‘When we came up [immediately after the collision], that was before the boatswain’s call, we saw a large quantity of ice on the starboard side on the fore-well deck, and I went and looked over the rail there and I saw an iceberg that I took it we had struck. It would be abaft the beam then—abaft the starboard beam.’

352: ‘Was it close to?’

‘No, it seemed the ship was acting on her helm and we had swung clear of the iceberg.’

353: ‘But how far away from your beam was the iceberg, a ship’s length or two ships’ length?’

‘Not a ship’s length.’

354: ‘You speak of this ship as if answering her helm—as if answering under which helm?’

355: ‘Under port helm. Her stern was slewing off the iceberg. Her starboard quarter was going off the iceberg, and the starboard bow was going as if to make a circle round it.’

356: ‘She was acting as if under port helm, her head going to starboard?’

‘That is correct.’

359: (Mr. Butler Aspinall) ‘Yes.’ (To the Witness.) ‘You have told us that somewhere on your starboard beam, within a ship’s length of you, was the iceberg. How high was the iceberg as compared with your vessel?’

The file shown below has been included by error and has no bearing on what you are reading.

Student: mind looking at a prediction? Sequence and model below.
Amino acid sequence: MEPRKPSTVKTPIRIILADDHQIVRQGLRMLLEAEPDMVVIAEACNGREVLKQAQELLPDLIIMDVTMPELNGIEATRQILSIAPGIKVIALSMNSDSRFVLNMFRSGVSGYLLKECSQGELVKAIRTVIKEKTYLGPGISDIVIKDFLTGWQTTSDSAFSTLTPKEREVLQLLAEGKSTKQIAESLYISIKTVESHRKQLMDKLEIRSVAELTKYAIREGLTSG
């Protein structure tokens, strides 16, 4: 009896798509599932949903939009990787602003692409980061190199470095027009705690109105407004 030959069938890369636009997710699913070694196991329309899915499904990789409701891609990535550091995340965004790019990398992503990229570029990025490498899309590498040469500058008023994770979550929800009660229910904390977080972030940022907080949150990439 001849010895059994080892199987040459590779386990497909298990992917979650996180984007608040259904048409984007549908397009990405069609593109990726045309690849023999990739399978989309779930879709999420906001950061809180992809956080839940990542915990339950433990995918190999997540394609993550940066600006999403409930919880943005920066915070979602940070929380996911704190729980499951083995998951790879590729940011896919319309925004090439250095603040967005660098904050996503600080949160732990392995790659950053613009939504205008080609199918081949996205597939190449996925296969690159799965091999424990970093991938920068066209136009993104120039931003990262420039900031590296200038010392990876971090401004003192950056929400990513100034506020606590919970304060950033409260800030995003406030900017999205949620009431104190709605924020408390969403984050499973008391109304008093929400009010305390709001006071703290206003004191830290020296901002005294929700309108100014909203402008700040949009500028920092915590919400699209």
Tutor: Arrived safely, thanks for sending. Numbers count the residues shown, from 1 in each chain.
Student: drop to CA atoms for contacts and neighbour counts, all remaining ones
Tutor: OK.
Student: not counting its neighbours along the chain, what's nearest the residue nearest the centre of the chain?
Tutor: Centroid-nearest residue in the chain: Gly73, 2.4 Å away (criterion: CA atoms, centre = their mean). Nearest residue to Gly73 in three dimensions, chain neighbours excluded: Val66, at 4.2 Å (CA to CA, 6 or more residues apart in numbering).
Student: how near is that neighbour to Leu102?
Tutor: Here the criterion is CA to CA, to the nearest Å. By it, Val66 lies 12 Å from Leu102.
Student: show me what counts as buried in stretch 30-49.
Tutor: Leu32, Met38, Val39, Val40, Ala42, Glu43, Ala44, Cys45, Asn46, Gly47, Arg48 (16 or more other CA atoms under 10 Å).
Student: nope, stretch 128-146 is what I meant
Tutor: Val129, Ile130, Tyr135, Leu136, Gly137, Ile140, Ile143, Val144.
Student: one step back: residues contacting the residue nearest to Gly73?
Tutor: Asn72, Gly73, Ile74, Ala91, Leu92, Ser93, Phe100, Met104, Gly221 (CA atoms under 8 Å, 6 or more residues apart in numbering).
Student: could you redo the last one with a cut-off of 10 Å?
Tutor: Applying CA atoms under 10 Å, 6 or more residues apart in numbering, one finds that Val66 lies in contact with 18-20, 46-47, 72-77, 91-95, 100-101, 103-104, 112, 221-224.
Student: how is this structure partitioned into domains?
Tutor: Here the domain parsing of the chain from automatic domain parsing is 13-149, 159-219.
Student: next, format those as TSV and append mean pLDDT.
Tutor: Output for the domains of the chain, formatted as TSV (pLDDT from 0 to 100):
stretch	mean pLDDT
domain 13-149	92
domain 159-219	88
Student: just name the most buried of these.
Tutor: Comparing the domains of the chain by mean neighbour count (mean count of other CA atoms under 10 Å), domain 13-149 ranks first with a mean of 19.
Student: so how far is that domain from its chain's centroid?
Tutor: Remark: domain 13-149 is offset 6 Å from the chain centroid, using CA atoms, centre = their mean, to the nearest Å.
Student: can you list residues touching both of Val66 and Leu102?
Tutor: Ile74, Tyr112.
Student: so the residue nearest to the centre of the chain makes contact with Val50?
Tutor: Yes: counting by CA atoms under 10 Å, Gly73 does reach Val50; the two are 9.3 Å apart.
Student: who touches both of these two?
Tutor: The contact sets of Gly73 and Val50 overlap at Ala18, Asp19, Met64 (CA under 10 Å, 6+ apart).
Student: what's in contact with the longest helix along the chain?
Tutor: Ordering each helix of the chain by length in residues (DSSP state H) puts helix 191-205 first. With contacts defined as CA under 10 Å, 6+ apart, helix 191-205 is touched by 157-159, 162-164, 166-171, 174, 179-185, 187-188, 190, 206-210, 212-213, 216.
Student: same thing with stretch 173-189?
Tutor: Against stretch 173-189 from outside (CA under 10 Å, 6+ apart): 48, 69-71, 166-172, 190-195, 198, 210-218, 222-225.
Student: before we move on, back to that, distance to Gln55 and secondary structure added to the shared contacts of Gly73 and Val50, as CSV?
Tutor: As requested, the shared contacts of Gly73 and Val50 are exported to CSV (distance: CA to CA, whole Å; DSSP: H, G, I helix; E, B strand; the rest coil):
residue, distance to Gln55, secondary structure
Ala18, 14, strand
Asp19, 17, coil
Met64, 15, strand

‘I should say about as high as the boat deck; it appeared to be that from the position of it.’

360: (The Commissioner) ‘How high from the water would that be—90 feet?’

‘I cannot say.’

The Attorney-General:

‘I think about 60 feet.’

361: (Mr. Butler Aspinall) ‘What was the shape of this iceberg?’

‘Well, it struck me at the time that it resembled the Rock of Gibraltar looking at it from Europa Point. It looked very much the same shape as that, only much smaller.’

362: (The Commissioner) ‘Like a lion couchant?’

‘As you approach Gibraltar—it seemed that shape. The highest point would be on my right, as it appeared to me.’